Pound to euro exchange rate: The pound has fallen against the euro following Brexit uncertainty
The pound has dropped even further against the euro amid the uncertainty surrounding the Brexit deal.
Yesterday the pound was trading at 1.126, before dropping to 1.120 today.
It comes after the prime minister Theresa May headed to Brussels to discuss a Brexit deal.
However talks have stalled as confusion rises amongst the EU leaders regarding the new relationship with the UK.
The fear of a no-deal Brexit comes after Amber Rudd declared it “unthinkable” following after Brexit Secretary David Davis told MPS that an option for leaving the EU was “sensible”.
However, the uncertainty surrounding it has caused confusion amongst MPs as they insist that it would harm the UK to consider this option.
Liberal Democrat Brexit spokesman, Tom Brake stated: “David Davis is either sneakily pushing us towards a no deal or has no idea what he’s doing.
“Either conclusion spells chaos for the British people and businesses.
Pound to euro exchange rate: Theresa May heads to Brussels for Brexit deal talks
With fears for a ‘no deal’ Brexit scenario far from quelled, Sterling’s upside potential is limited
TorFX currency analyst Laura Parsons commented: “Although the GBP/EUR exchange rate initially gained in reaction to the news that UK inflation had hit a five-year high, ongoing Brexit concerns prevented the pound from holding its higher levels.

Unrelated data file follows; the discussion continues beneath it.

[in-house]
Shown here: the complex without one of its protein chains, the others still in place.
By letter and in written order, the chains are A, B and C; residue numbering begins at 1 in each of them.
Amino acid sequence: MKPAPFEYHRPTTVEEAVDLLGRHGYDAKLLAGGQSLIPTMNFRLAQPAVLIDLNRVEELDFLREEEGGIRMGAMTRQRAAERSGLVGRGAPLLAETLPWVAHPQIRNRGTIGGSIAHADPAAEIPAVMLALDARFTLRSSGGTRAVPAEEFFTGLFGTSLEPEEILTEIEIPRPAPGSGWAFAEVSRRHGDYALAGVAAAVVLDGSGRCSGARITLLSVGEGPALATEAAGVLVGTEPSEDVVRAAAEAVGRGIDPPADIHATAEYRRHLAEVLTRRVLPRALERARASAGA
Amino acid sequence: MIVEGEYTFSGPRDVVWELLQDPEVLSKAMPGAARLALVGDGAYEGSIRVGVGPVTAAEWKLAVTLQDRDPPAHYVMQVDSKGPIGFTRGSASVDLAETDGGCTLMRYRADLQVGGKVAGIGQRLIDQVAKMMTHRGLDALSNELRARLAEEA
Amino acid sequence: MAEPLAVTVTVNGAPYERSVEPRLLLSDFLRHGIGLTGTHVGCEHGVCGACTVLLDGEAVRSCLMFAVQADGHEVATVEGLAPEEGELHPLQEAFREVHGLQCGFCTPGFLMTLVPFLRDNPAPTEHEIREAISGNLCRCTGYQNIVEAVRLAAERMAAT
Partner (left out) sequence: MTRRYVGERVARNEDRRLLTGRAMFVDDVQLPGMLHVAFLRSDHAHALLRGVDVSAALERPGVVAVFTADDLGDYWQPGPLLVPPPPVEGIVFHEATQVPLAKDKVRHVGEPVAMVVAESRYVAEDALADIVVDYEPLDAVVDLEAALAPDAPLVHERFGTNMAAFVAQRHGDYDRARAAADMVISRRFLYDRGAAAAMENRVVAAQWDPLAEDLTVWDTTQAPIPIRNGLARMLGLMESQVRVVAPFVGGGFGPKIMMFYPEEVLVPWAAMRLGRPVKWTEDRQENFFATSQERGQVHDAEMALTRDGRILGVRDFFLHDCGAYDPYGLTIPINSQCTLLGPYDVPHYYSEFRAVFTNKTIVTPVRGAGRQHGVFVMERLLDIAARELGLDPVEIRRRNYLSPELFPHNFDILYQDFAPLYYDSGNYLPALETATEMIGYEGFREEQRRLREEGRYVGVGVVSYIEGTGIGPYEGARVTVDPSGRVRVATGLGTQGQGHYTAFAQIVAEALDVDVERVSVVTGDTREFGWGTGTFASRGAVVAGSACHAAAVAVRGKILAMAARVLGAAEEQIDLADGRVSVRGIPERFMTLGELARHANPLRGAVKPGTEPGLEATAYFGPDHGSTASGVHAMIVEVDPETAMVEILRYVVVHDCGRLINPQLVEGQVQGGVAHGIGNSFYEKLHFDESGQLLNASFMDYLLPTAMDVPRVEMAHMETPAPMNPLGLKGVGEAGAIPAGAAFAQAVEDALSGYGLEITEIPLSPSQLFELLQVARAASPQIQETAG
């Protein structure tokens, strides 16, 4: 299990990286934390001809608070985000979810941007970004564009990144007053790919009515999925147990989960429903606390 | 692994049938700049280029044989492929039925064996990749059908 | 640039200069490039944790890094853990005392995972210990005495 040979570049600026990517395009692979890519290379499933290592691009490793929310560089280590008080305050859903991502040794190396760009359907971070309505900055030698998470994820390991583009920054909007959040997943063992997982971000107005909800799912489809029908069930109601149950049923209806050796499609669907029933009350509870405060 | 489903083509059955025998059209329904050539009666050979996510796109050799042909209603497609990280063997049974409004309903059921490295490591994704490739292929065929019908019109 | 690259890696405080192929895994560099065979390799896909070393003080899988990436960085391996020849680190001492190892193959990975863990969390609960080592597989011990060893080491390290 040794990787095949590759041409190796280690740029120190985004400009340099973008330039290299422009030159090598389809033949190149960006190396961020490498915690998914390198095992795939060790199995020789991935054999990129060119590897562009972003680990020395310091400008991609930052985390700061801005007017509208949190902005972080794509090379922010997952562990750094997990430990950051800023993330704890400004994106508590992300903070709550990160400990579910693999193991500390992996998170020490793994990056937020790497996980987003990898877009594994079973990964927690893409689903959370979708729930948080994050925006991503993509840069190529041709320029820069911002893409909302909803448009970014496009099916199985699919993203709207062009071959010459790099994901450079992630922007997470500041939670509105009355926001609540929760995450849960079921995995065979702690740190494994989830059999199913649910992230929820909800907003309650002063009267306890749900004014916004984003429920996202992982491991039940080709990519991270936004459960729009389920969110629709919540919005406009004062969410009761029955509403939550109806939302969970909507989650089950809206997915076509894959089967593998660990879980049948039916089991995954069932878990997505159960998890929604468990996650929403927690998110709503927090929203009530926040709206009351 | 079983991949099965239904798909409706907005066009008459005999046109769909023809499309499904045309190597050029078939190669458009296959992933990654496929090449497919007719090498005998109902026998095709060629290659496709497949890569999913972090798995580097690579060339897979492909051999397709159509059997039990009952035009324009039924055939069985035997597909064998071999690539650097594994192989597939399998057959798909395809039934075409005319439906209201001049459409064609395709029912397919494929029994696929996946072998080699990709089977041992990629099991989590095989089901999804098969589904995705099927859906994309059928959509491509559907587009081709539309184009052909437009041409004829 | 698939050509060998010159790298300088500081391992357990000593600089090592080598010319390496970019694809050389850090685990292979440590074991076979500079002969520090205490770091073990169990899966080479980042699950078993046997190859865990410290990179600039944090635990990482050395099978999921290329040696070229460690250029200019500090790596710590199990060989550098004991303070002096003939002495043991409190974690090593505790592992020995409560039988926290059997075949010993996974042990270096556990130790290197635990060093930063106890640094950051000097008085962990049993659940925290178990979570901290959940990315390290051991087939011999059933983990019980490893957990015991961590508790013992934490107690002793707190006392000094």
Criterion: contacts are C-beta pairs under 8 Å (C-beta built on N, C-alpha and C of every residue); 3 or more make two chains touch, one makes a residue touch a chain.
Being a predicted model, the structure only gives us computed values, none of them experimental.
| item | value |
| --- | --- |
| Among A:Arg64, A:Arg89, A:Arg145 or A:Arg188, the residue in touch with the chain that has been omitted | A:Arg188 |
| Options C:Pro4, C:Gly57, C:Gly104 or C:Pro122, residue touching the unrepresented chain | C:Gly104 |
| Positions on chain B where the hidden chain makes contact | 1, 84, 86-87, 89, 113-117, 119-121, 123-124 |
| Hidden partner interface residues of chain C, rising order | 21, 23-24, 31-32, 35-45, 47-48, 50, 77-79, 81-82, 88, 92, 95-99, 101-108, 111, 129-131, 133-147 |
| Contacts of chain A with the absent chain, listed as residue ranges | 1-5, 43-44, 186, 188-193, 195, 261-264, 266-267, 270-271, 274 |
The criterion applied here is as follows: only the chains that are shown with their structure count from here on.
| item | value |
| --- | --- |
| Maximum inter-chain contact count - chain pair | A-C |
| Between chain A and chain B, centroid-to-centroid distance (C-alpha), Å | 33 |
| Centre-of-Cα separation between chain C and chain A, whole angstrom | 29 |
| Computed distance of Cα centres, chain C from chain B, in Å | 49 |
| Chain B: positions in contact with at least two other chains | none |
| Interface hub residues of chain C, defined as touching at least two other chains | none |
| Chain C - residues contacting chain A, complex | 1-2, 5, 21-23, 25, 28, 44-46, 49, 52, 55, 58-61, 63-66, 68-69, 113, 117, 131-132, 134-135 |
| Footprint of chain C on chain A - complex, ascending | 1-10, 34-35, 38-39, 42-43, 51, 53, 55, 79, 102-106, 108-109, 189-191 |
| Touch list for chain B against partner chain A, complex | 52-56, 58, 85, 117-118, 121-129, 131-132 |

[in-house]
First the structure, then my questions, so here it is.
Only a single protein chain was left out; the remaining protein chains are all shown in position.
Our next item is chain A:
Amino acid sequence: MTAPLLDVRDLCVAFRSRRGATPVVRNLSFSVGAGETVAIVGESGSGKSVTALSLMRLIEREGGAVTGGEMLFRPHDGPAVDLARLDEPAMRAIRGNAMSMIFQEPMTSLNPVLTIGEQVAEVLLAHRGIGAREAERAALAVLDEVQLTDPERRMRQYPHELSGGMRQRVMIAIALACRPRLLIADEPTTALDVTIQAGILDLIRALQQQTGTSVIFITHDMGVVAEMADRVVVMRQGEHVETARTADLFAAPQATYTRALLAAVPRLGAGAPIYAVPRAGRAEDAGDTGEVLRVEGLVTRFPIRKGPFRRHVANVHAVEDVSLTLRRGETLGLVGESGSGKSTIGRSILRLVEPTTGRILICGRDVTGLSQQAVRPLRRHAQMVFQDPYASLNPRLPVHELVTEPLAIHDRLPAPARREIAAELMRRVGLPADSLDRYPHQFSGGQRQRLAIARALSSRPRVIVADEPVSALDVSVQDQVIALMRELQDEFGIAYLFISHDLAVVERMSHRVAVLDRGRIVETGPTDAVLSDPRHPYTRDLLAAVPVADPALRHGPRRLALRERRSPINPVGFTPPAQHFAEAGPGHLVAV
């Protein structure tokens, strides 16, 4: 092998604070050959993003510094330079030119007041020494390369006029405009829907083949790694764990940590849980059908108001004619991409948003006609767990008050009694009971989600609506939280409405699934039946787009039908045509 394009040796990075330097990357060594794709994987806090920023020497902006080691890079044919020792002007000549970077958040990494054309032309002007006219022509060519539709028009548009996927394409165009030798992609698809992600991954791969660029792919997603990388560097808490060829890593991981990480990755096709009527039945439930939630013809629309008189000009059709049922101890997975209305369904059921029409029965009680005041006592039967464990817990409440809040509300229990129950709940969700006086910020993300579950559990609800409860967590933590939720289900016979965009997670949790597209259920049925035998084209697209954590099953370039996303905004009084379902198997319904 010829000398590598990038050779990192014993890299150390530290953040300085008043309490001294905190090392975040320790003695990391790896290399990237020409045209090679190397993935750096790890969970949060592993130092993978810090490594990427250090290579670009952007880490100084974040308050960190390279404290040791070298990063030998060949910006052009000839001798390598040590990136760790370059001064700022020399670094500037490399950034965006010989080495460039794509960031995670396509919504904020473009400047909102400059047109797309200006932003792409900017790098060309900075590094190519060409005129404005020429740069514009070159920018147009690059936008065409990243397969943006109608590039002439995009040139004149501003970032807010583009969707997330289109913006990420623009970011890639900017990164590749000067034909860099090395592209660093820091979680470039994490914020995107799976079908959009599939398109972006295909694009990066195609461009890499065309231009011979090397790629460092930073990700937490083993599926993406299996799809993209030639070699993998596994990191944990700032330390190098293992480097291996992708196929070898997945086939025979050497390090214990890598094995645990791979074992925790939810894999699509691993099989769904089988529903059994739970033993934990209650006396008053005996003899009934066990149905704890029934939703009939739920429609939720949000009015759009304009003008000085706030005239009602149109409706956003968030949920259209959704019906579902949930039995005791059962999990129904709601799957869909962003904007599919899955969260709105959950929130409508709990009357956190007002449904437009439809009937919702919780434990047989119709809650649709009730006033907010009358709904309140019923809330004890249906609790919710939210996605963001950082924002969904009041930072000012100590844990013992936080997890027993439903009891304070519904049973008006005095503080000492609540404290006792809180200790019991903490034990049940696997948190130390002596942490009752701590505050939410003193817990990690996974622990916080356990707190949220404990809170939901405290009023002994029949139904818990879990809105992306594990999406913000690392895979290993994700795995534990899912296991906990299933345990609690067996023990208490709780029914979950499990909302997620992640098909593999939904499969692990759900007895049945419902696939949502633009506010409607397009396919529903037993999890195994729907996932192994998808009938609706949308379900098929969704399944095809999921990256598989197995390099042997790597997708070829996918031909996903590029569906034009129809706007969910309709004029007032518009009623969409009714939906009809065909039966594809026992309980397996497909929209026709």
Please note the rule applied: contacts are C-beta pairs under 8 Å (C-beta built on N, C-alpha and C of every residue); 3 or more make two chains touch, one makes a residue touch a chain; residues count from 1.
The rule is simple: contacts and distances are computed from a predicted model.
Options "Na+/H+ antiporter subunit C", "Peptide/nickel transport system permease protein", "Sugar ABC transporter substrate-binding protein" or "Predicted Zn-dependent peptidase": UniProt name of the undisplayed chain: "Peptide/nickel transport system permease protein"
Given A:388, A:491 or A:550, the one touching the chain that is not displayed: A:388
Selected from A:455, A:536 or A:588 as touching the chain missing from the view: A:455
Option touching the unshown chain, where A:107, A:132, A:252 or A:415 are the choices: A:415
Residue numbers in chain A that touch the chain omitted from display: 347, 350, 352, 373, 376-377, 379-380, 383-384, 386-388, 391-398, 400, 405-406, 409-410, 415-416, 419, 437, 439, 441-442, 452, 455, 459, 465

“The uptick in inflation has increased the odds of the Bank of England (BoE) increasing interest rates next month.
“But with fears for a ‘no deal’ Brexit scenario far from quelled, Sterling’s upside potential is limited.
“However, GBP/EUR may gain if today’s UK jobs data shows an increase in average earnings.”
Pound to euro exchange rate: High inflation rates will also hit consumers hardest
The drop also follows on from the UK inflation rates hitting a five year high.
Rising to 3 per cent in September, it is the highest reading since 2012, as stated by the Office for National Statistics (ONS).
It is set to hit households hard, with food and fuel costing more than usual, as inflation rises quicker than wages.
This could also raise the chances of an increase in interest rates next month.